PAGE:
We call this shocking eye-opener insight.

In traditional psychotherapy, the process of achieving insight can be a long and arduous journey. The therapist will listen, week-after-week, ask little and provide the time and space for your self-exploration, giving the occasional interpretation to help steer the journey.

Because I ask questions directly, this is a much faster journey, one that can be achieved in a single meeting. By providing this level of insight, then behavior change can happen more rapidly and guidance provided makes more sense in view of the newly understood world-view. This means people can resolve issues sooner. This one-two combination of insight and guidance gives people something to think about as they engage in new behavior to facilitate revolutionary change or paradigmatic change.

Does everyone experience this revolutionary or paradigmatic change? No, but those who don’t still may benefit from behavioral changes as measured by the frequency, duration or intensity of issues. The issues may remain, but be more manageable.

This is a vastly different experience than most people have in counseling.

Key to my approach is longer sessions. The first meeting is typically a good three hours. In fact, I always set aside three hours for all of my meetings yet I only bill for actual time used. I wouldn’t want my surgeon kicking me off the table saying we’ll take the scalpel out next week and I would not want to end a counseling session simply because we ran out of time.

Also key to this approach is allowing longer periods between meetings. Because so much can be covered and people need time to accommodate and practice what is covered in a single meeting, sessions are usually booked about four weeks apart. So while it seems like longer sessions may be a more expensive approach to counseling, in fact, it is typically less costly because there are far fewer sessions overall . This is not to say that some folks won’t be seen for an extended period, but more often people are seen anywhere from one to 4 occasions.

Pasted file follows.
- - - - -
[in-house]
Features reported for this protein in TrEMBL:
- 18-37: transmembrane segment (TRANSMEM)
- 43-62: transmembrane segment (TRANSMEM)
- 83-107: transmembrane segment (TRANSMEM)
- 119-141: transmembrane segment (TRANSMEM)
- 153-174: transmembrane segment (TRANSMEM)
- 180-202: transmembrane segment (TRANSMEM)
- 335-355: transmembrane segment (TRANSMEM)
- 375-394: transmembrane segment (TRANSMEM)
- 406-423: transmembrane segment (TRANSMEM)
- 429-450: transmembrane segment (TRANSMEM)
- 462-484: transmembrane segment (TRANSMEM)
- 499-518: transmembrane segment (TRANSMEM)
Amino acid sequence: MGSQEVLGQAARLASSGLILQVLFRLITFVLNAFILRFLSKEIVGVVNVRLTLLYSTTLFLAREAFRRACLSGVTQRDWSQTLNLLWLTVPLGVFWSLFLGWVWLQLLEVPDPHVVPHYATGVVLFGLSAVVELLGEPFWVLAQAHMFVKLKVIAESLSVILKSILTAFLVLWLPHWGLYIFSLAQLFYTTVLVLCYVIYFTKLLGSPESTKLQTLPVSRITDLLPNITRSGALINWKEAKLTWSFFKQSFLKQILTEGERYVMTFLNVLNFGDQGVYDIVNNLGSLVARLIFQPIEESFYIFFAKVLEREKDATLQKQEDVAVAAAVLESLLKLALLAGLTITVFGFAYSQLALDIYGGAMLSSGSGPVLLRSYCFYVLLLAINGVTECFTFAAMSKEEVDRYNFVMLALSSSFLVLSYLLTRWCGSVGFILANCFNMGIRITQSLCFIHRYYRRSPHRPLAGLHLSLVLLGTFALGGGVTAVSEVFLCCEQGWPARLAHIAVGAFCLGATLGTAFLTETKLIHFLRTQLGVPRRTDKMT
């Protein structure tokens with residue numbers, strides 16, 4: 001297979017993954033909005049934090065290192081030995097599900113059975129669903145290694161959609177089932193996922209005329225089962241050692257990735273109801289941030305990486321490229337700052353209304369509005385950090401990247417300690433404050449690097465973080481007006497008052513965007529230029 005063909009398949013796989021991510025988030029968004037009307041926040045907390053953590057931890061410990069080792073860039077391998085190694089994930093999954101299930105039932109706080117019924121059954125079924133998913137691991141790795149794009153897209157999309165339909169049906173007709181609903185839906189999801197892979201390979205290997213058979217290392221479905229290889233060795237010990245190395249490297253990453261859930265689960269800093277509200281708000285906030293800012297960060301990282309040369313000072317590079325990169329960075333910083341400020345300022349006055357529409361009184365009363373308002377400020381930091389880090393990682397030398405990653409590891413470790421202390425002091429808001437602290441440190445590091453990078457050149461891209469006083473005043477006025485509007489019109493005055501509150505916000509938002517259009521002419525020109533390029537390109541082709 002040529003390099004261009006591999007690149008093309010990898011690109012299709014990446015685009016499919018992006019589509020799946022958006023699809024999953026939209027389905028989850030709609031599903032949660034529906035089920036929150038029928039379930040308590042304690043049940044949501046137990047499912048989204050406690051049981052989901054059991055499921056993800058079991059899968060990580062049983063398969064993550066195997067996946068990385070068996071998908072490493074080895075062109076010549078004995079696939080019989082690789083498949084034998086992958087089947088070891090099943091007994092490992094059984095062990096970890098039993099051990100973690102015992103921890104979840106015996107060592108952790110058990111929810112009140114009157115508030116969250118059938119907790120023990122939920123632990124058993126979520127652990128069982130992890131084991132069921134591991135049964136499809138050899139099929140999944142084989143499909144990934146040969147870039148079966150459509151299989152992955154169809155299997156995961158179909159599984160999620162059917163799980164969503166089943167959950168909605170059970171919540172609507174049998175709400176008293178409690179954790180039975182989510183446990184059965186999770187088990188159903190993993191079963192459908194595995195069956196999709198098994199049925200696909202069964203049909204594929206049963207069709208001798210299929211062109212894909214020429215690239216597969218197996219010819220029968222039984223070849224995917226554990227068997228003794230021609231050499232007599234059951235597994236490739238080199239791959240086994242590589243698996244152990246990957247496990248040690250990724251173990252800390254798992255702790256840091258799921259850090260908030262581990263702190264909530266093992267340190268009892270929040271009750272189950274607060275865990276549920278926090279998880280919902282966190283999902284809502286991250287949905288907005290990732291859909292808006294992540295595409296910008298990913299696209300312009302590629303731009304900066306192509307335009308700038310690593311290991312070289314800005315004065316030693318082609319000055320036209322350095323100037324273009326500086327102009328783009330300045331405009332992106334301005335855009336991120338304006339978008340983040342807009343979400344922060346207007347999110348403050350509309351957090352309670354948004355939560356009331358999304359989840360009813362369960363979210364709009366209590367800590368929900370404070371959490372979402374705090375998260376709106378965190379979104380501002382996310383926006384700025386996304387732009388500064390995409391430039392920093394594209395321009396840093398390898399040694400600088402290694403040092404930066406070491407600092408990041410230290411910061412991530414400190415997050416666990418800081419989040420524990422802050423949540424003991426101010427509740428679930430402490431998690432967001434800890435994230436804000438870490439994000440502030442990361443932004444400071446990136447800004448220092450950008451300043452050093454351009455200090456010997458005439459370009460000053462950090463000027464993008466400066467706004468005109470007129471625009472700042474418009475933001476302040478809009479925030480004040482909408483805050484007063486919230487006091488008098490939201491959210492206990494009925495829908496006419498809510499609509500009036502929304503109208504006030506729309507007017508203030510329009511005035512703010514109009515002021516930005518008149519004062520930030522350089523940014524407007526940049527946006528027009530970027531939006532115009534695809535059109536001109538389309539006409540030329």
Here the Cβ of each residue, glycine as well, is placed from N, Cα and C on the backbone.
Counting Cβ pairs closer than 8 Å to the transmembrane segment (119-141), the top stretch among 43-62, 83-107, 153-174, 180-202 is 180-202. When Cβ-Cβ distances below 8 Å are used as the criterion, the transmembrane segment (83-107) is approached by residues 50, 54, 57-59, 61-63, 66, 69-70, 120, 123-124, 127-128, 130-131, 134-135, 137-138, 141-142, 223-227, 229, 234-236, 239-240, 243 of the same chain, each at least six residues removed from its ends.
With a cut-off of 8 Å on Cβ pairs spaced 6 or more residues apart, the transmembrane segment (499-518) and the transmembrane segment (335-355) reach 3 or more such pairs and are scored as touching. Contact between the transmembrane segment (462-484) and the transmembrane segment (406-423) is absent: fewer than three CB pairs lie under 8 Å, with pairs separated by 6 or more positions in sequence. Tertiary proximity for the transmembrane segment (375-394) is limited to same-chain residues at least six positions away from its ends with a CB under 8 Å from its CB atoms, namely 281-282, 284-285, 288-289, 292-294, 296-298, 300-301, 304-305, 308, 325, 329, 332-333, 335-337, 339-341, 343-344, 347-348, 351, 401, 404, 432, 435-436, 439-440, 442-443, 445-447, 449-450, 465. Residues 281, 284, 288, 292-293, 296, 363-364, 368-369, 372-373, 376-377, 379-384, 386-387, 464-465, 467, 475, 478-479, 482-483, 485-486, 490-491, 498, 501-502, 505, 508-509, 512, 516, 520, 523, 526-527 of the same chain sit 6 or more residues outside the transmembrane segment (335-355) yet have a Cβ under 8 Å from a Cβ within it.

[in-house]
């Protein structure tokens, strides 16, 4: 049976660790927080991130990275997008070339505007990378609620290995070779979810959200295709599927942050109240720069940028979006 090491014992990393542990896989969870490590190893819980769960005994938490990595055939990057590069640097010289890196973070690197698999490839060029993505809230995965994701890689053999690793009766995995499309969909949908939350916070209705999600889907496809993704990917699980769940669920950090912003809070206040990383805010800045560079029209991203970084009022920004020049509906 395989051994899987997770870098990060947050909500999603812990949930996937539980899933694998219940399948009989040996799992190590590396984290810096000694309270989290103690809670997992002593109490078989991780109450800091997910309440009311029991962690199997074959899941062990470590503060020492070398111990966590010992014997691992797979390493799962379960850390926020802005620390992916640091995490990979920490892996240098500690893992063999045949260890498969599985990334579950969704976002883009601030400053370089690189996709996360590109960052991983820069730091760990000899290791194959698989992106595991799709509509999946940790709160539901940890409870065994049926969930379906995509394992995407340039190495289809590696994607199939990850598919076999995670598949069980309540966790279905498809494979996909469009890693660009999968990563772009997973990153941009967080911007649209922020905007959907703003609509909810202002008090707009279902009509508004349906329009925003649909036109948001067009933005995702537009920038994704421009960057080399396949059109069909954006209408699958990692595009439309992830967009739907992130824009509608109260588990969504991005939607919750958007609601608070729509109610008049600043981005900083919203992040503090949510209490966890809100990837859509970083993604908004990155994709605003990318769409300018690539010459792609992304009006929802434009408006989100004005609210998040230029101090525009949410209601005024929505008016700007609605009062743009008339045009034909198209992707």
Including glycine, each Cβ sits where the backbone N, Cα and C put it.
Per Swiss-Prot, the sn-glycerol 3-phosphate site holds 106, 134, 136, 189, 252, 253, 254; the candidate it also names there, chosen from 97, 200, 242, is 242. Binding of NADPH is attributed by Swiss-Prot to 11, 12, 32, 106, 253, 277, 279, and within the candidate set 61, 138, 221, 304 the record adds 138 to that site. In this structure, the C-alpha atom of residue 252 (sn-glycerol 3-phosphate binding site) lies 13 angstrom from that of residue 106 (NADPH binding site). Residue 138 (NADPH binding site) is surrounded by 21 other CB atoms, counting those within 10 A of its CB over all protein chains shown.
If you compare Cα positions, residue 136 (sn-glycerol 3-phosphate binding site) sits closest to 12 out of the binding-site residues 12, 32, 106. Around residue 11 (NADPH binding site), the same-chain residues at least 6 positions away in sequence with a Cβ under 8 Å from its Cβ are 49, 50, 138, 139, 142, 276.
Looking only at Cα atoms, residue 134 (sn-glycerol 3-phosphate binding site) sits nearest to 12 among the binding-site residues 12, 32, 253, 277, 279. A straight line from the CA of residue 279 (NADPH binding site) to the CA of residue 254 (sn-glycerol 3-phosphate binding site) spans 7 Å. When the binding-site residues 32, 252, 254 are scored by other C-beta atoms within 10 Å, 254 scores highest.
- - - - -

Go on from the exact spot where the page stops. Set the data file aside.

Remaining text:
I’ve long since learned that not only is the whole world not Jewish, but counseling can be provided in ways that better suit the needs of the person, rather than fitting the person into what was the traditional counseling world.

Need help? Please visit my website to learn more about this approach to counseling. While on my website, look around and scroll through my hundreds of articles and audio/video clips. It just may be that one of my free resources may be helpful on its own.

Know someone else who might need counseling? Please scroll down and share this article.

I am Gary Direnfeld and I am a social worker. I am also available to work through video conferencing.

Gary Direnfeld, MSW, RSW

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Gary Direnfeld is a social worker. Courts in Ontario, Canada, consider him an expert in social work, marital and family therapy, child development, parent-child relations and custody and access matters. Gary is the host of the TV reality show, Newlywed, Nearly Dead, parenting columnist for the Hamilton Spectator and author of Marriage Rescue: Overcoming the ten deadly sins in failing relationships. Gary maintains a private practice in Dundas and Georgina Ontario, providing a range of services for people in distress. He speaks at conferences and workshops throughout North America.